They learned that some lemon and salt and pepper could make broccoli more palatable and that cauliflower seasoned like buffalo wings might make kids more likely to eat it.

Nine cafeteria workers in Franklin attended the Culinary Skills for A+ School Meals in Columbus this summer.

In a week, they learned tips and tricks from chefs and nutritionists about how they could prepare the food they make for thousands of kids daily more nutritious and appetizing. Cafeteria workers in Franklin schools have attended the workshop for the past two years. School districts were not charged tuition for the workers they sent.

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Jill Overton, food services director, wanted her workers to attend so they could find a way to make meals tastier and more nutritious. Her overall goal is to move cafeteria cooking in Franklin schools away from using processed foods and more toward workers building dishes using organic and locally grown ingredients in recipes they have learned at the school, said Overton.

“Anytime you can up our school level, it is a good thing,” she said.

One of the things workers learned was how to revamp and make sauces for vegetables that might make more students eat the vegetables they are required to put on their tray.

Students should expect a hummus or black bean salsa recipe to replace the prepackaged ranch dressing that was served before, said Amy Marguglio, a cafeteria worker at Custer Baker Intermediate School.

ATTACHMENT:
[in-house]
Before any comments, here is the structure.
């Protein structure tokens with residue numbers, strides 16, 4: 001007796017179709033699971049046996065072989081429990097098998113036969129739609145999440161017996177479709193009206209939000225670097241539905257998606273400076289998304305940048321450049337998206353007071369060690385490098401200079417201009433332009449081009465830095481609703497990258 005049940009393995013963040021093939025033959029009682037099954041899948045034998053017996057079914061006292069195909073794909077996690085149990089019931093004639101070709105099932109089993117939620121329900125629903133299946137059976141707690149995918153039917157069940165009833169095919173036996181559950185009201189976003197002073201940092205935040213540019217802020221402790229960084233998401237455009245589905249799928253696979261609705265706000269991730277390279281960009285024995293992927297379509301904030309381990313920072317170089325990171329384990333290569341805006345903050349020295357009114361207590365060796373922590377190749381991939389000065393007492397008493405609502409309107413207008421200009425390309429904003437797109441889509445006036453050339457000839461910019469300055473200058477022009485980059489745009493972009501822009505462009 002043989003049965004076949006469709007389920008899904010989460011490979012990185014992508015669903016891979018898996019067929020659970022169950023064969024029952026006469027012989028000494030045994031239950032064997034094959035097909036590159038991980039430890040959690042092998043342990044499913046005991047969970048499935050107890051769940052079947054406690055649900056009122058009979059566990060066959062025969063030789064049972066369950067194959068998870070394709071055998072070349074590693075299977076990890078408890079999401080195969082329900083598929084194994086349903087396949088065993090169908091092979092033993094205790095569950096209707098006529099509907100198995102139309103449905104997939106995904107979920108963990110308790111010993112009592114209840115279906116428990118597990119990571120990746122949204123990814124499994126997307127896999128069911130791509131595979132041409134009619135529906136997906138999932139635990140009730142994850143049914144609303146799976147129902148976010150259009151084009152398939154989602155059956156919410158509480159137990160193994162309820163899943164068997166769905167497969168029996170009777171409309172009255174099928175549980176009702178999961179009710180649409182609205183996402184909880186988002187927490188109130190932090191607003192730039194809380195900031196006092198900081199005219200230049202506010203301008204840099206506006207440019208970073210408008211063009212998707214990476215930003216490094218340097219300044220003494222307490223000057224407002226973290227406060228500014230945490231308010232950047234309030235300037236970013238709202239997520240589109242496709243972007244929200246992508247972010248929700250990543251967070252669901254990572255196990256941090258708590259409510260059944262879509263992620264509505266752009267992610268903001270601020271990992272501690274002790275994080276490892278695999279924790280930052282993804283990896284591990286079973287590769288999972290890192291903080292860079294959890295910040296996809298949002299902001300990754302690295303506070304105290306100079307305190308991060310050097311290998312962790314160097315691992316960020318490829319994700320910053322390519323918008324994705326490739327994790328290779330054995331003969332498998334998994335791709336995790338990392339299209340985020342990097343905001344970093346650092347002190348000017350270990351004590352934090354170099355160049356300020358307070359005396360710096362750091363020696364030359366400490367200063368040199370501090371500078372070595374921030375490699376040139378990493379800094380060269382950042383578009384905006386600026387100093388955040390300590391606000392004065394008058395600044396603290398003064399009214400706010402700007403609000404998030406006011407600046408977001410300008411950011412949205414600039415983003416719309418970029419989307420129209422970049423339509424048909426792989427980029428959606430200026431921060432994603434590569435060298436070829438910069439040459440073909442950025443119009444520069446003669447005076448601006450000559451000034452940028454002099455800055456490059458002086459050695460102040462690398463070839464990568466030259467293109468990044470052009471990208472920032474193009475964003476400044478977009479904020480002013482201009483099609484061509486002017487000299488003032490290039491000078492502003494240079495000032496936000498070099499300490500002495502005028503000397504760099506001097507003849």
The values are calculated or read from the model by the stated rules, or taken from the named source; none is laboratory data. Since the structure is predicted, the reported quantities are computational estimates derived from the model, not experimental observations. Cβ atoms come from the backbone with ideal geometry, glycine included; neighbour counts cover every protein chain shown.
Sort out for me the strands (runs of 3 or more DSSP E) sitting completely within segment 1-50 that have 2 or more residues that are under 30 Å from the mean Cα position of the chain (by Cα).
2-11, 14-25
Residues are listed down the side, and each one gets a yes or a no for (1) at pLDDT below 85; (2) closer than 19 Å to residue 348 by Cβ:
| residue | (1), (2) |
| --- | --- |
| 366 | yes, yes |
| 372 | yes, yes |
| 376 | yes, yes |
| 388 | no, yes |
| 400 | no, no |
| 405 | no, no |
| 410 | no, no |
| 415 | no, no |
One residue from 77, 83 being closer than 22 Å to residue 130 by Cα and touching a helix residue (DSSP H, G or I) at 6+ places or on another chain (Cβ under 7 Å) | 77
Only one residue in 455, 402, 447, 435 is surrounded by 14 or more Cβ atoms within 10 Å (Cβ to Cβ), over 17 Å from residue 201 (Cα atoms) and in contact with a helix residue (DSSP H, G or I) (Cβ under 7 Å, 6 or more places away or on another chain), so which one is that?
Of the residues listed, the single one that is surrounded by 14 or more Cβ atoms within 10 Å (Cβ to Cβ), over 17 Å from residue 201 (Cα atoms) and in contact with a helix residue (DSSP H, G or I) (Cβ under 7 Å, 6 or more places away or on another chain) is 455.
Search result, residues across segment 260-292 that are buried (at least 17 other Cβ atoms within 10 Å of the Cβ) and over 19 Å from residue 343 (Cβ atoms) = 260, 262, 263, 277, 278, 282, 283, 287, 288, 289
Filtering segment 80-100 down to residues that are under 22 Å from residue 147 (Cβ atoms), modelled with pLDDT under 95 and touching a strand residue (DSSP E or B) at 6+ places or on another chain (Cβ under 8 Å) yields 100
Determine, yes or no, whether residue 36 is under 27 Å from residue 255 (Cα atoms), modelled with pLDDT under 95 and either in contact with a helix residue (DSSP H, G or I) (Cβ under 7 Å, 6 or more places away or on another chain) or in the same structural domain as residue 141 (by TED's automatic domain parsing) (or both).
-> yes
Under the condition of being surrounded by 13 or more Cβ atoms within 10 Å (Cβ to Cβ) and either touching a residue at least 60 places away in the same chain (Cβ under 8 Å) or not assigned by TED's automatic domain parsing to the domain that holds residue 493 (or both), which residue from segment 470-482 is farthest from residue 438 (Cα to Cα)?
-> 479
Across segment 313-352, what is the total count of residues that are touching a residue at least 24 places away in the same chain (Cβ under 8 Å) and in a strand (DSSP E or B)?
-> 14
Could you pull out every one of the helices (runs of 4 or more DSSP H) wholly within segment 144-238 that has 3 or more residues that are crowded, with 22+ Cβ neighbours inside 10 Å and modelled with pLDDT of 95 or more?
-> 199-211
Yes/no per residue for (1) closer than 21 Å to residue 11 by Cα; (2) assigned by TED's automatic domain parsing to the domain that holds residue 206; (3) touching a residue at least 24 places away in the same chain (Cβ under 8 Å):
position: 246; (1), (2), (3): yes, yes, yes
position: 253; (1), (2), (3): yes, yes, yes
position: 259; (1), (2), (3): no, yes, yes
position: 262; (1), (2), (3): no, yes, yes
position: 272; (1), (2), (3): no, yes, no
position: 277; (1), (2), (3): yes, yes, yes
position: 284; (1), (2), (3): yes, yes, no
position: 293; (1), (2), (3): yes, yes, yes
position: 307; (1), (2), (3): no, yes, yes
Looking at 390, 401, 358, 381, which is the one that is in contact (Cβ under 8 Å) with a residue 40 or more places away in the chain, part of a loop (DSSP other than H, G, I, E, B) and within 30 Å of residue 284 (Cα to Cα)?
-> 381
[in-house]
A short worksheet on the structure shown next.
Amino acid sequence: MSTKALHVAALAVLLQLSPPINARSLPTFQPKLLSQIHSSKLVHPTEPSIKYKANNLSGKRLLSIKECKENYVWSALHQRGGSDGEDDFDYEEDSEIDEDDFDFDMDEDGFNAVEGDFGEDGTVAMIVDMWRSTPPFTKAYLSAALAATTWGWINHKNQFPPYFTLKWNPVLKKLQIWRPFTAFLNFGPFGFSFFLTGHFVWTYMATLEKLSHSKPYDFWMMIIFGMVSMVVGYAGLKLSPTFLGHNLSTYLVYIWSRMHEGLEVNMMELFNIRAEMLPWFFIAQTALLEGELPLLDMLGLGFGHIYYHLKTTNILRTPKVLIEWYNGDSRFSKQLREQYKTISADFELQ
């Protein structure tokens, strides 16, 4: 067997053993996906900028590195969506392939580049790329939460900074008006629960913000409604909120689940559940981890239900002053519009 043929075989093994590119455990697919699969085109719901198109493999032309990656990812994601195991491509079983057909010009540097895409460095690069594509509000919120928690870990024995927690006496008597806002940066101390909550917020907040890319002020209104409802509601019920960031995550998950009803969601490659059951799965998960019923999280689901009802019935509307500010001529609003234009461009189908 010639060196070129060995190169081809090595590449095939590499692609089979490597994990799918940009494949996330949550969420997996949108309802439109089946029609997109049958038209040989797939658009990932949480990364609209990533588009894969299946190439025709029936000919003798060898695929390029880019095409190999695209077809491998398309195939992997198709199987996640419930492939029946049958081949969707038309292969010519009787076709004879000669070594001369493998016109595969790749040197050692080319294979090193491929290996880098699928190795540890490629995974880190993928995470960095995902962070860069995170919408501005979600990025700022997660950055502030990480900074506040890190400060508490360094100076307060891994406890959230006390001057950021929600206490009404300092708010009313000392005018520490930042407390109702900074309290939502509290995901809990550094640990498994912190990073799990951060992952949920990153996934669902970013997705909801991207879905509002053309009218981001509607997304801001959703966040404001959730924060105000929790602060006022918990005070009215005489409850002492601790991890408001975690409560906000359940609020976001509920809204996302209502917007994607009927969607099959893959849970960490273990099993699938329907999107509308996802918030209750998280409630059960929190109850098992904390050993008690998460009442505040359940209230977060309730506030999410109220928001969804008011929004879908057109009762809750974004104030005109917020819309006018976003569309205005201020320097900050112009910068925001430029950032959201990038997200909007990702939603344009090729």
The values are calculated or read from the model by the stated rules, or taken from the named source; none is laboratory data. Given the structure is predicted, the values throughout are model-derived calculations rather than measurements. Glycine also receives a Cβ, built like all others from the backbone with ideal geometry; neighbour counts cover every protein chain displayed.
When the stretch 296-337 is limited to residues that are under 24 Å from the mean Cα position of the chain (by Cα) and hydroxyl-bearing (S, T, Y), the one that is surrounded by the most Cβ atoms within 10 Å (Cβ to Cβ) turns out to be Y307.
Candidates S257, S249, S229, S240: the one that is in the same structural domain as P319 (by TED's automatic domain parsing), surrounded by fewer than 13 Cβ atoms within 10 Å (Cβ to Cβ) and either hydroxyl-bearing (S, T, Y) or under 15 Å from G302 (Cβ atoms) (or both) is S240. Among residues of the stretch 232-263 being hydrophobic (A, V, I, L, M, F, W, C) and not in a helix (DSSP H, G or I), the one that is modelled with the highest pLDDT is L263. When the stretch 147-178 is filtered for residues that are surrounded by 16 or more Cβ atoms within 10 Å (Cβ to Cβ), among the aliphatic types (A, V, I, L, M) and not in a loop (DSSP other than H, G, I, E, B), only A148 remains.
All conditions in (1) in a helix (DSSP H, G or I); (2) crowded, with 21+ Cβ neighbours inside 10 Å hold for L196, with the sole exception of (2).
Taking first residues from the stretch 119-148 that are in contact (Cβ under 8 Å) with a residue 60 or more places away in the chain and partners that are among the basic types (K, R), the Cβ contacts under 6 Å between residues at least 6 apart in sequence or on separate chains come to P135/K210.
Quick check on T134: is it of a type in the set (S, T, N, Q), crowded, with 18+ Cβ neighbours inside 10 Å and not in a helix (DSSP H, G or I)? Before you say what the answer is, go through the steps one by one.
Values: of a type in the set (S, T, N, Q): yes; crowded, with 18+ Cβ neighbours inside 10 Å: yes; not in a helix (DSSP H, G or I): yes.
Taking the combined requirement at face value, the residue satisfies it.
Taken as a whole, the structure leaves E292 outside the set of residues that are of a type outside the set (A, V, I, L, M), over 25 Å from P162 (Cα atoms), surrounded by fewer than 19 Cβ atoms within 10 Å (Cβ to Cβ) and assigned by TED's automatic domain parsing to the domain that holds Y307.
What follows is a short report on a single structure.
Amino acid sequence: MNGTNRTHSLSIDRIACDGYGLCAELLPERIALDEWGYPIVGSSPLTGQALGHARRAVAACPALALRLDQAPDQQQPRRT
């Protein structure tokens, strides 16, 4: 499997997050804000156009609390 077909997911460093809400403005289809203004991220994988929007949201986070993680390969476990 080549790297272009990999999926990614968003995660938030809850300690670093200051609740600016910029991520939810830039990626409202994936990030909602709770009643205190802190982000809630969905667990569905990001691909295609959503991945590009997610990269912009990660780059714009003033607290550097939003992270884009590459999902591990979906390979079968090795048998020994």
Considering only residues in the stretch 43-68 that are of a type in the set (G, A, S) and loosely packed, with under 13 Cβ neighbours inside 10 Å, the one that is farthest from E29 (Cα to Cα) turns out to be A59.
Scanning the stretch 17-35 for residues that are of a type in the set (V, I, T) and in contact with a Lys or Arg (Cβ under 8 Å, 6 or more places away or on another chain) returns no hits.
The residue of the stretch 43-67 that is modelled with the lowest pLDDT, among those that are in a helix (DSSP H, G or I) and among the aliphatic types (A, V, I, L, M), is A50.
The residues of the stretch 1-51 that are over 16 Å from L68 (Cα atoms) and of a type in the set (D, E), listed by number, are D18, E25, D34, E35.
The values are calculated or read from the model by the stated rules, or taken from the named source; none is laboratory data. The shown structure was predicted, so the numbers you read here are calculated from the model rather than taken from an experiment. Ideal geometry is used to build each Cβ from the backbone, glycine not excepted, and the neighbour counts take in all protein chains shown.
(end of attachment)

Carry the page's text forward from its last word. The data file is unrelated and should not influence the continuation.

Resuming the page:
They will also tinker with recipes to see how they can add in different grains into their recipes, such as quinoa and couscous.

“(They taught us) things you never would have thought to try,” she said.

Vegetables are the most thrown away food item in Franklin cafeterias, workers said.

Implementing new recipes will not cost the school district more, since most of the new recipes include ingredients that most of the cafeteria kitchens already have, Overton said.

Teachers at the institute taught the cafeteria workers how they could best use existing spices they have to bring out the flavor in the foods they were already making. For example, broccoli served in Franklin schools will be spritzed with lemon juice and further flavored with salt and pepper, versus cafeteria workers putting out a tray of plain, steamed broccoli.

“There are more options than just ranch and carrots,” said Kristine Gott, a cafeteria worker at Northwood Elementary School.

Recipes the workers learned at the institute have already been added to the yearly lunch menu at Custer Baker Intermediate School. New recipes, such as orange glazed baby carrots, roasted summer squash, fiesta corn and cowboy beans are expected to be at all Franklin schools by the end of the school year, Overton said.

The idea of introducing them at the intermediate school first is because those students are young enough to develop better eating habits and multiple workers who attended the institute were from the intermediate school.

“If we can get it introduced to them early, they can carry it through life,” Overton said.

Students seem eager to try new foods and workers wanted to find a way to introduce new foods to some of their students, who may get their most nutritious meal at school, workers said.

“It’s trying to get them to open up to new foods with different flavors,” said Jennifer Barnett, a cafeteria worker at Webb Elementary School.

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Magen Kritsch is an editorial assistant at the Daily Journal. She can be reached at mkritsch@dailyjournal.net or 317-736-2770.